Today is my grandfather's birthday. The one Monkey is named after. Last one he celebrated was eleven years ago. Well, celebrated is a strong word for it. He was in a hospital, the same one he would die in nine months later. Stupid accident due to profound negligence by the driver of his medical transport-- the one that was taking him for his dialysis, the very procedure that was drastically improving and prolonging his life-- left him paralyzed and started his slow but maddeningly irreversible slide towards the end. A product of a second-cousin marriage, he was not a well man. But neither was he a timid man, a man to be cowed by life. I wonder now whether it was my general cluelessness or that ever-present twinkle in his eyes that caused me to never consider, despite his many illnesses, that he might die. Until that fall or even winter that is, when he wasn't improving, when every step forward necessarily brought two back, never, not even once the other way around.
Yesterday was my cousin Jay's 26th birthday. My grandfather's only grandson, my favorite and closest cousin. The day of my grandfather's funeral he was a shell-shocked teenager. JD poured him some vodka at the memorial lunch after the funeral. It seemed to help. He is funny and quick and fun. We are not as close as we once were, what with living half way across the country from each other and having busy and not exactly problem-free lives. I miss him, though.
Tomorrow is the seventh monthaversary of A's death. I miss him too. A lot. But this last month has been hard in a new way too. Even though I thought, in my rational mind, that we might have some trouble conceiving this time, I don't think I had really confronted fully what that would mean. As we were leaving the hospital, the nice nurse who was walking us out said "Maybe we will see you here in two years or so." JD got upset that she said two years. I didn't-- I understood that she didn't want to pressure us but wanted to give us hope. But in truth, I didn't consider then, or for a long time after, what it would mean for me to still not be pregnant today. I am now. Considering and confronting, that is.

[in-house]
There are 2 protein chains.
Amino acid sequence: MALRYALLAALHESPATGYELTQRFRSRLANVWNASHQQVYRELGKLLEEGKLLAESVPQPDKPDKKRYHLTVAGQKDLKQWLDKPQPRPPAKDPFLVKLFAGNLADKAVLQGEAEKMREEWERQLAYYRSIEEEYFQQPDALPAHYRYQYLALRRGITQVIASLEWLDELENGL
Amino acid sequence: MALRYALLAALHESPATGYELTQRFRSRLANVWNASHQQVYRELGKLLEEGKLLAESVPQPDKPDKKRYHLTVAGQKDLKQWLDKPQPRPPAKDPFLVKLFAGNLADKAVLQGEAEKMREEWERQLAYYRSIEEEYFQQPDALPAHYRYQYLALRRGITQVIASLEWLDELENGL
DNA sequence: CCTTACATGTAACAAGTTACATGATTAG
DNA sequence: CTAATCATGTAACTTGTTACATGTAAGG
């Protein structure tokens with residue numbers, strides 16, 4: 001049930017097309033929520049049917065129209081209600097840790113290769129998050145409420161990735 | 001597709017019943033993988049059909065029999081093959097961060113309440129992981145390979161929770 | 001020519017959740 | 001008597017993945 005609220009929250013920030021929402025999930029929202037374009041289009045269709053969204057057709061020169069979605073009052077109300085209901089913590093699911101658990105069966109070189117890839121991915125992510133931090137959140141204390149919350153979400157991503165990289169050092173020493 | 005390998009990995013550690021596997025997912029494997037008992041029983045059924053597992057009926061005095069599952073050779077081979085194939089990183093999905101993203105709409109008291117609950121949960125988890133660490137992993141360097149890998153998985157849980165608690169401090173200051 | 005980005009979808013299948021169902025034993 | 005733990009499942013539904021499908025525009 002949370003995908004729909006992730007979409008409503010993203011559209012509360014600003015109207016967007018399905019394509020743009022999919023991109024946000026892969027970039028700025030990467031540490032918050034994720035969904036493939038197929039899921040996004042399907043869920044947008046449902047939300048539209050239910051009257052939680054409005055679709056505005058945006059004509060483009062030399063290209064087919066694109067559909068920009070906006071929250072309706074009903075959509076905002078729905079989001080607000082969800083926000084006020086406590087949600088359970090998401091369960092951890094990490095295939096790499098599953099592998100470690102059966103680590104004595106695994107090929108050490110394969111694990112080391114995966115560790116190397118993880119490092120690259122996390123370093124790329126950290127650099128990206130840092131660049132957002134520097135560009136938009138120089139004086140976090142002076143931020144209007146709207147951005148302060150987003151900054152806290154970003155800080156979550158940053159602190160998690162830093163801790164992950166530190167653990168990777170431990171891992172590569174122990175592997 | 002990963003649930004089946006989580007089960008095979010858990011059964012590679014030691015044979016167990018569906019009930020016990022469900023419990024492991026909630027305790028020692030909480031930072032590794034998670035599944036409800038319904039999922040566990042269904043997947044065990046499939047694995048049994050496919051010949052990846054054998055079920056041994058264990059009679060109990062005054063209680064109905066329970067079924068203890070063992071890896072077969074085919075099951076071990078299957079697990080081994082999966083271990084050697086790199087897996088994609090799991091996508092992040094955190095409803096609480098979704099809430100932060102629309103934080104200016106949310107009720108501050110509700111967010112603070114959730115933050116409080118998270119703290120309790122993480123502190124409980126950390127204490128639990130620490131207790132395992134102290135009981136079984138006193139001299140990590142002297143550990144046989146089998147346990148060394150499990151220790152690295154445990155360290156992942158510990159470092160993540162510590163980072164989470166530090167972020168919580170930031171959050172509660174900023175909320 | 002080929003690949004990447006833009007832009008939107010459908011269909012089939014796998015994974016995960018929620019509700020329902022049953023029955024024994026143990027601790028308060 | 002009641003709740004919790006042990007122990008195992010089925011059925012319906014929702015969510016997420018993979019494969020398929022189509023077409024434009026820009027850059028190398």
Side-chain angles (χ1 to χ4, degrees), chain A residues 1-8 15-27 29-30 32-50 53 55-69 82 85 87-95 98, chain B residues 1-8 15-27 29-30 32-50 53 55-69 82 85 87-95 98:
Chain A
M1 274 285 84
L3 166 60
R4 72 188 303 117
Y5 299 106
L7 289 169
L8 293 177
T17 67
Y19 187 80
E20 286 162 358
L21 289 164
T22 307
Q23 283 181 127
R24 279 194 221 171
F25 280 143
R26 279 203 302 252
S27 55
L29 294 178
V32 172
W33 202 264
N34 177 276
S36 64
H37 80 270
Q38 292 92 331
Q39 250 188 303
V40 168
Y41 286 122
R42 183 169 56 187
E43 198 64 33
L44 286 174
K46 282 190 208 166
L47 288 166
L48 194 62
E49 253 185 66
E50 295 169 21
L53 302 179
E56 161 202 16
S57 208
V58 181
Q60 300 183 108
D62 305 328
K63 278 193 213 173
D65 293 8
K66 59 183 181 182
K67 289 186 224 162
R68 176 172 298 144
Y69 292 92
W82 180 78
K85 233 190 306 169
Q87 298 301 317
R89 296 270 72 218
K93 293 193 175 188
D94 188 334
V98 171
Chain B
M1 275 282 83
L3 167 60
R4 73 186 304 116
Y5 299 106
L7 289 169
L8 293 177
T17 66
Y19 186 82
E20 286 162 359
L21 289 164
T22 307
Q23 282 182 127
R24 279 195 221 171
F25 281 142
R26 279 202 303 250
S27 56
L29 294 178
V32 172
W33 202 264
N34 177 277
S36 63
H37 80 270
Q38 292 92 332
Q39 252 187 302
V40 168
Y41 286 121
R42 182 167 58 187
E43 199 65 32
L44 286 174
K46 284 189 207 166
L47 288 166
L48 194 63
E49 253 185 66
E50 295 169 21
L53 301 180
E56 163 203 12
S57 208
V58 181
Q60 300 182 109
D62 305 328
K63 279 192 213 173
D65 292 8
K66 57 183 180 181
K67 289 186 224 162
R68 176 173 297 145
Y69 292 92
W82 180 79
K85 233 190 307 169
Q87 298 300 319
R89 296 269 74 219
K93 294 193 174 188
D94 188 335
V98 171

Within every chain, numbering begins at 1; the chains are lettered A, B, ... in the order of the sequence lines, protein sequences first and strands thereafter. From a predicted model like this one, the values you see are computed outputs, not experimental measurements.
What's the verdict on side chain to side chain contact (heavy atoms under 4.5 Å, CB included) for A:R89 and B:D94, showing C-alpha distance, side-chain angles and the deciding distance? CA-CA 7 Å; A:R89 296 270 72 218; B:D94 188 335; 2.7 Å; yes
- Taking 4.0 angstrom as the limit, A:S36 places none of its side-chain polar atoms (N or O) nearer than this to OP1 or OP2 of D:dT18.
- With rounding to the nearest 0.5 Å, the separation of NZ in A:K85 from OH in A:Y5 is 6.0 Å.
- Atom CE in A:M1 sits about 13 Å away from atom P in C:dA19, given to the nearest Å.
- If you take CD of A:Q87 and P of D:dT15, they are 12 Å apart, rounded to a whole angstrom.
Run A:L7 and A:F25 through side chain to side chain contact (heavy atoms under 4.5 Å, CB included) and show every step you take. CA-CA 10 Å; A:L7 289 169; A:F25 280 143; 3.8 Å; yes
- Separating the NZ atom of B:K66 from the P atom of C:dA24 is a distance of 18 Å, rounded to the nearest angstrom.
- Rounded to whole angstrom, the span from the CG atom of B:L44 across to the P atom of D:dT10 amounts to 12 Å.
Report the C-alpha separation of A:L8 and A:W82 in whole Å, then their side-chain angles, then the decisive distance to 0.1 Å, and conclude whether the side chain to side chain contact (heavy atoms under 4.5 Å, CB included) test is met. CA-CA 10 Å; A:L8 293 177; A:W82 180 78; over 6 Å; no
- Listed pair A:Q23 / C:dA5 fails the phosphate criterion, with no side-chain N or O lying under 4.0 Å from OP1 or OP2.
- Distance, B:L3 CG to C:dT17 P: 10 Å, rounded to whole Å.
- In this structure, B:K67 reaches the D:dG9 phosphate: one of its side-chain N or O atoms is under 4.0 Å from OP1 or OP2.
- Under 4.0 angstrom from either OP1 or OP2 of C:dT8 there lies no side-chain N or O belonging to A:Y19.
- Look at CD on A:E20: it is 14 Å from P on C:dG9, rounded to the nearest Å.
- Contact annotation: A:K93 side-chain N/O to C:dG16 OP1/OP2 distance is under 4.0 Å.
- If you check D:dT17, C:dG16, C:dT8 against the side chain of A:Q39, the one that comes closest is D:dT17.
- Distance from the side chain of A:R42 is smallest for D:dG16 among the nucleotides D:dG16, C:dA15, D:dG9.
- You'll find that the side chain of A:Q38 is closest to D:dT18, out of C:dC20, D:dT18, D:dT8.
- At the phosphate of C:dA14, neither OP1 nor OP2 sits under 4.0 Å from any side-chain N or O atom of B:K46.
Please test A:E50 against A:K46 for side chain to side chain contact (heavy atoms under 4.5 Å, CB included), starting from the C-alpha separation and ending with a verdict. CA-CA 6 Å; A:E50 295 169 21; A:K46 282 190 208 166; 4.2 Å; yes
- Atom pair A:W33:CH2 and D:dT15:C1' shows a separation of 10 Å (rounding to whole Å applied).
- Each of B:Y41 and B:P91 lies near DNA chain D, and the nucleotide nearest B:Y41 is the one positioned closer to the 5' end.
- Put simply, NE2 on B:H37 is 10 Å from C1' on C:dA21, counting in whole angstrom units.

I had a meeting at Monkey's new school today. I asked to meet with the teachers to talk about how they would handle any talk of siblings, babies, or pregnancies in the classroom. The meeting ended up including also the principal and the head of lower school. They wanted to know what we wanted done or not done. They reassured me that they will be mindful and watchful whenever such topics come up, that they will be sure to validate Monkey's sadness if she chooses to express it, that it will always be safe for her to talk about her brother. I was worried about two types of kid reactions to finding out about A-- not believing her/dismissing her loss, or getting freaked out. They assured me that they will be prepared to handle both. They also wanted to know what she likes to do, what brings her joy. It was actually a little funny to hear the sound of four pens getting picked up in unison when I said something apparently key. Like "English is not her native language." They also emphasized even before I had a chance to bring it up that they will make sure that A will not become Monkey's identity, that she will not be "the girl whose brother died" to them or to the kids. I feel a lot better about school now.
There is a number of trees growing all bunched up together just where I turn onto the street leading to my street. A few days ago I noticed that one of them, a scrawny one, one whose freedom to grow and spread its seed has obviously been grievously abridged by its more bushy-crowned neighbors, that one was starting to show some color. I thought that was both a little weird and a lot cool-- an early messenger of fall, well hidden by its bossy neighbors, I thought it was my secret. I love fall, and I looked at it as a way early sneak preview, a promise of a real treat. But today I had to go a little north of us. Well, my car had to go, for a scheduled maintenance, and I just couldn't let it go by itself. So I drove north, just a little, mind you, and was dismayed to see how many trees were starting to show color there. I guess my "far away" fall really isn't so far away. How did we get here?